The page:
Use this URL to cite or link to this record in EThOS: http://ethos.bl.uk/OrderDetails.do?uin=uk.bl.ethos.545835
Title: Masculinities in the novels of D.H. Lawrence : gender difference or transcendence
Author: Reid, Susan Alice
Awarding Body: University of Northampton
Current Institution: University of Northampton
Date of Award: 2008
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Abstract:
While literary critics have tended to focus on episodes of alleged masculinism or homoeroticism in D.H. Lawrence’s fiction, this thesis examines a greater complexity of masculinities running throughout his novels, manifested in the tension between an insistence on gender difference and a desire to transcend gender altogether. It does this in two principal ways. Firstly, masculinities in the novels are historicized via discussion of the crisis of Victorian masculinities and fin de siècle anxieties about gender. Secondly, Lawrence’s depictions of masculinity are scrutinized in light of theories of otherness, particularly the conflicting critiques of Simone de Beauvoir and Luce Irigaray. Over five chapters, which deal chronologically with Lawrence’s major novels, this thesis traces his response to the damaging legacy of a gendered mind-body split, often explored through a developing trope of the Lady of Shalott, which simultaneously circumscribes and challenges the perceived duality of gender. A third theme thus emerges from this dual line of enquiry, as anxieties about masculinity focus around the ambivalent figure of the angel, which represents both a seductive ideal of transcendence (the sexless angel) and the more elusive goal of reuniting mind and body (Irigaray’s carnal angel). Although notions of masculinity are always relational to images of femininity, this is particularly the case in Lawrence’s fiction, in which the relationship between men and women is probably the central concern. Accordingly, this thesis engages with masculinities from within a broader context of gender roles. Indeed, Lawrence’s men experience great difficulties in separating themselves from the women around them, while it is the women who begin to insist on the separateness of men and the idea of love as a “third thing” that allows a union of two subjects rather than a reduction to Platonic one-ness. This nascent ethics of gender difference is then taken forward by Rupert Birkin and his male successors, as Lawrence explores a new vision of divine manhood, culminating in the evocation of Oliver Mellors as a “pure masculine angel”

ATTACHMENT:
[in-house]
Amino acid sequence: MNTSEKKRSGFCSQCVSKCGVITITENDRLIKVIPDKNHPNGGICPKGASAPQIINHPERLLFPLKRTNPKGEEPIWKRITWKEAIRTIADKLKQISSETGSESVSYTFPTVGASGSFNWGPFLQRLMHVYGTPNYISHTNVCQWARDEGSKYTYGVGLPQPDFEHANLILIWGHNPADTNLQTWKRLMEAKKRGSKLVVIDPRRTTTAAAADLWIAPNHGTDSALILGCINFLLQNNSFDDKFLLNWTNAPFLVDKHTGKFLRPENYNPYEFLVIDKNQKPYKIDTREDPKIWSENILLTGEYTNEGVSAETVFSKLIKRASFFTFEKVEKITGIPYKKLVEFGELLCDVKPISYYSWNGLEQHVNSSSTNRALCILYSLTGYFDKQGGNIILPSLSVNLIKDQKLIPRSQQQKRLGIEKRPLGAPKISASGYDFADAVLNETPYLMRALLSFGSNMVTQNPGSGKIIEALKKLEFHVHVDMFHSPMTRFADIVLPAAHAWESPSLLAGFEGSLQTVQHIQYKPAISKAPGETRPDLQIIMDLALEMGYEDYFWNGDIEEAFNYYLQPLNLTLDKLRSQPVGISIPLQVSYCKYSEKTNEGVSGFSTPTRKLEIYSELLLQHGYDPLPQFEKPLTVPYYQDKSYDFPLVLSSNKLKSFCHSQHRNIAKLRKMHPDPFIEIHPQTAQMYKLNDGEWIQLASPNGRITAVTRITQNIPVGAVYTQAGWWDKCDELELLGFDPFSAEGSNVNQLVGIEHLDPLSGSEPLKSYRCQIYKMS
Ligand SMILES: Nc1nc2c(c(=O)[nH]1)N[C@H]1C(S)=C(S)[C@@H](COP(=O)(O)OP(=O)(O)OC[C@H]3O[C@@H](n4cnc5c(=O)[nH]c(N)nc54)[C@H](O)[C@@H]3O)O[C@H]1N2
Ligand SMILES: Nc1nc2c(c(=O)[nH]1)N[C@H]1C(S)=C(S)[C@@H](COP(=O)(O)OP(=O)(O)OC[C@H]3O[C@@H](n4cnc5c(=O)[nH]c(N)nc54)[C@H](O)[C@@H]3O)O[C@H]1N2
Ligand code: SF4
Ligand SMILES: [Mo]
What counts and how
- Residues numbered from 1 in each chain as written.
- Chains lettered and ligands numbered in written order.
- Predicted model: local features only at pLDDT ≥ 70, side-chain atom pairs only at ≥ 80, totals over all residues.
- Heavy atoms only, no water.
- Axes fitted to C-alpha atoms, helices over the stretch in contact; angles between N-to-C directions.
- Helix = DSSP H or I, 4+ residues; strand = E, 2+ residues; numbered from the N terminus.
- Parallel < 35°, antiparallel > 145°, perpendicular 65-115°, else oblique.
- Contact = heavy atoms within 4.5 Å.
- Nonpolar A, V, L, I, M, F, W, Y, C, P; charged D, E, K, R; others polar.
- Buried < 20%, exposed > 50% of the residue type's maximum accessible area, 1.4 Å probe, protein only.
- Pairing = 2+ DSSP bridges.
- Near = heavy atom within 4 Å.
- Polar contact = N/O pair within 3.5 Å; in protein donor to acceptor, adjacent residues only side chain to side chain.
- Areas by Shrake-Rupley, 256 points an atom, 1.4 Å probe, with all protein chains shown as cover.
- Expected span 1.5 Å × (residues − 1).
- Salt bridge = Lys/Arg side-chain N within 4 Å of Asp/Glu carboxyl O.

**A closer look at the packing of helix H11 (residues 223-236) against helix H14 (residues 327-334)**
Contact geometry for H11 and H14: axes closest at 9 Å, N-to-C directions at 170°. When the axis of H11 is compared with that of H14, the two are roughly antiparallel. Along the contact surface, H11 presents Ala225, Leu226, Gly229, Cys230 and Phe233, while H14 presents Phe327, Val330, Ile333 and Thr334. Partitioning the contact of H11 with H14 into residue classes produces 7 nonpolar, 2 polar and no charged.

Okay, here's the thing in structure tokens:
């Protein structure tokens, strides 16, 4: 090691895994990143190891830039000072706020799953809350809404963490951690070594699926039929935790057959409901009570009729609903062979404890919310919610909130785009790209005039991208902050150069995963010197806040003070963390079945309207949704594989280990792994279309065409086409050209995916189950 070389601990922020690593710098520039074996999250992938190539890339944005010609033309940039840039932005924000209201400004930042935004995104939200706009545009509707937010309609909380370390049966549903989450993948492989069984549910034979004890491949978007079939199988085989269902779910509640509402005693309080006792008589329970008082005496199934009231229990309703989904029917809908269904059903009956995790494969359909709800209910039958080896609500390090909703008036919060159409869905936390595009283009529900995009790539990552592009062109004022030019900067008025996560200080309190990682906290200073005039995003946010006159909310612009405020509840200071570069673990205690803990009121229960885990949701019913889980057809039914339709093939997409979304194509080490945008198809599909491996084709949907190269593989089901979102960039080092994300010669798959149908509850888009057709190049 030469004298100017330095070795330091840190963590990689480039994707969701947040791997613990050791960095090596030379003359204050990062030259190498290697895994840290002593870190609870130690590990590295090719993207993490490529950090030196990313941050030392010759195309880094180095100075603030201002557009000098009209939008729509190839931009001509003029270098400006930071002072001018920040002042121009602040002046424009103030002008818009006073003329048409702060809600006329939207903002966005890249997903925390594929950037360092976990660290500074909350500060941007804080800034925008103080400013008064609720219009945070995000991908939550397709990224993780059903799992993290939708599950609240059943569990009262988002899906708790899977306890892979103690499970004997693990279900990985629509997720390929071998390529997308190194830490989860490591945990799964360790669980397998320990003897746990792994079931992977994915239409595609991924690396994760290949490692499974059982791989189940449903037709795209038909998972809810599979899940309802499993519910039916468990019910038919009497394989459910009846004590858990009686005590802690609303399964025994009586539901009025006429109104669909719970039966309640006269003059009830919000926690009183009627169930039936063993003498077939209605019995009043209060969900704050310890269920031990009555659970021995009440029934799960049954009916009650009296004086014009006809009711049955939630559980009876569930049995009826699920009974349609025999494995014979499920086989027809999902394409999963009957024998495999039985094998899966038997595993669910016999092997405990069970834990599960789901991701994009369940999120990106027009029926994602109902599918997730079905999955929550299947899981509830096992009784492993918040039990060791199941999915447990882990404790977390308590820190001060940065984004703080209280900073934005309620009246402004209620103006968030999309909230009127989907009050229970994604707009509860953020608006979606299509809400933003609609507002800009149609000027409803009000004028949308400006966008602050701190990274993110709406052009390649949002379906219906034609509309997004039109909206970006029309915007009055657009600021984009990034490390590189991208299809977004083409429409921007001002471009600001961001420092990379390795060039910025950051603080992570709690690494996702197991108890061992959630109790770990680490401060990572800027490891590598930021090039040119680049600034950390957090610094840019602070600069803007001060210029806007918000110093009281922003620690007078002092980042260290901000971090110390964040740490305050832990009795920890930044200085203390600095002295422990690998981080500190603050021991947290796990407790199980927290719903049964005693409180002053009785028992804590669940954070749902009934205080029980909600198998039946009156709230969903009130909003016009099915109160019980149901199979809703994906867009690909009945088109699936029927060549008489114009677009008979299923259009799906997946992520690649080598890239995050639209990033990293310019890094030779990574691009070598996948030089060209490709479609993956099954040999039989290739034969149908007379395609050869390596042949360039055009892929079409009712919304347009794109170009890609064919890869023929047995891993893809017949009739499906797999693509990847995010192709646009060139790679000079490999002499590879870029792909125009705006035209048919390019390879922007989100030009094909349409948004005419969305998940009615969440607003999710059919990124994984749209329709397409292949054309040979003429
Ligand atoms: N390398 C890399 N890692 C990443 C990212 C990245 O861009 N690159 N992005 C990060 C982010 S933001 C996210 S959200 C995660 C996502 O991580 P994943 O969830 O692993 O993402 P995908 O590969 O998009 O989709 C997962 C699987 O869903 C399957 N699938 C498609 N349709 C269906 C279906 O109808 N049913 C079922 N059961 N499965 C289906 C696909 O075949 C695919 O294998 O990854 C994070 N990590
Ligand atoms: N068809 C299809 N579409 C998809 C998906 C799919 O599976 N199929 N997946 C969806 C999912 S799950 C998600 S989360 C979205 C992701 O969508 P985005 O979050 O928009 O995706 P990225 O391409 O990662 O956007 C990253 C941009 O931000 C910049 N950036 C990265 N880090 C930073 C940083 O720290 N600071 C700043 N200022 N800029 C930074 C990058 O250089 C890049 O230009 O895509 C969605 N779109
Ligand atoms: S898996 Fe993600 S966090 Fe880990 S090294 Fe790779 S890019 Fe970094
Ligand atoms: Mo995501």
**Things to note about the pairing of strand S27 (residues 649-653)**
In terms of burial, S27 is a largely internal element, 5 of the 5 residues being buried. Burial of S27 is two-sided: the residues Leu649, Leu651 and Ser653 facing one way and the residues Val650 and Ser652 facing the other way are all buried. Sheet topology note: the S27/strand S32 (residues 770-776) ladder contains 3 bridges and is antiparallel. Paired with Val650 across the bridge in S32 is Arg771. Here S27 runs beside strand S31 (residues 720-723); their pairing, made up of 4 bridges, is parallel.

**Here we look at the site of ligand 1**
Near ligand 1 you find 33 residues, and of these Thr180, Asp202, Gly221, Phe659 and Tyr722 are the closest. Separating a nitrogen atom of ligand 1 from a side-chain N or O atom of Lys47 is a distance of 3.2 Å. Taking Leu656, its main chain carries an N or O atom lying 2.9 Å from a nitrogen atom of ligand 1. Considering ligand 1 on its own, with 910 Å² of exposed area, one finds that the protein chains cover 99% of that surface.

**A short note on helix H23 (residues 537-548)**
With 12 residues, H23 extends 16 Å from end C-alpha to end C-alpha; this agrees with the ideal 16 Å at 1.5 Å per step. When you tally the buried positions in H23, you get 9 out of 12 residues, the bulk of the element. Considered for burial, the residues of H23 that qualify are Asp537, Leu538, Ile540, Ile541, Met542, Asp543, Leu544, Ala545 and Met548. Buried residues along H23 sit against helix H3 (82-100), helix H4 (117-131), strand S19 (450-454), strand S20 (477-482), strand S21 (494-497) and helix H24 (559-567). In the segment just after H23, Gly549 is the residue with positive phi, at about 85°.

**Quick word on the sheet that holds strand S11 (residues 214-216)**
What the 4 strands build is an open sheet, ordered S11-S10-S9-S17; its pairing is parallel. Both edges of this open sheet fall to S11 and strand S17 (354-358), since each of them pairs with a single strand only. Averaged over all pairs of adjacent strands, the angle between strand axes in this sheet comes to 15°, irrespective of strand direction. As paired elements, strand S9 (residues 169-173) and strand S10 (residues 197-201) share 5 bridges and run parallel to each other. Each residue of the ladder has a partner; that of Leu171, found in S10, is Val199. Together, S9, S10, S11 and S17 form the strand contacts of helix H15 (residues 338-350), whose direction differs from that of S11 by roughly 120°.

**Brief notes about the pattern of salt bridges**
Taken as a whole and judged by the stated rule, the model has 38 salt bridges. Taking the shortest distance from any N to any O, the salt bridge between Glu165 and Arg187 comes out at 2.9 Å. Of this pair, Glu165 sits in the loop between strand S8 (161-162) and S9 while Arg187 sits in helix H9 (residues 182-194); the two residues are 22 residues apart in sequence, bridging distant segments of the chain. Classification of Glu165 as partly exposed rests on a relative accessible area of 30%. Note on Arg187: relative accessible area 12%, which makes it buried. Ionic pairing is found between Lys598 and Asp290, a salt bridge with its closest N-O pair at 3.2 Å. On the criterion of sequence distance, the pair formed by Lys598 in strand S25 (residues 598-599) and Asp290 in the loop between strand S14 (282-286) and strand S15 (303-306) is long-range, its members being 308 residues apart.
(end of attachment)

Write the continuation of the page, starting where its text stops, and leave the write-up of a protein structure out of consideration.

Supervisor: Ringrose, Christopher Sponsor: Not available
Qualification Name: Thesis (Ph.D.) Qualification Level: Doctoral
EThOS ID: uk.bl.ethos.545835  DOI: Not available
Keywords: PR6000 1900-1960 ; HQ1088 Men
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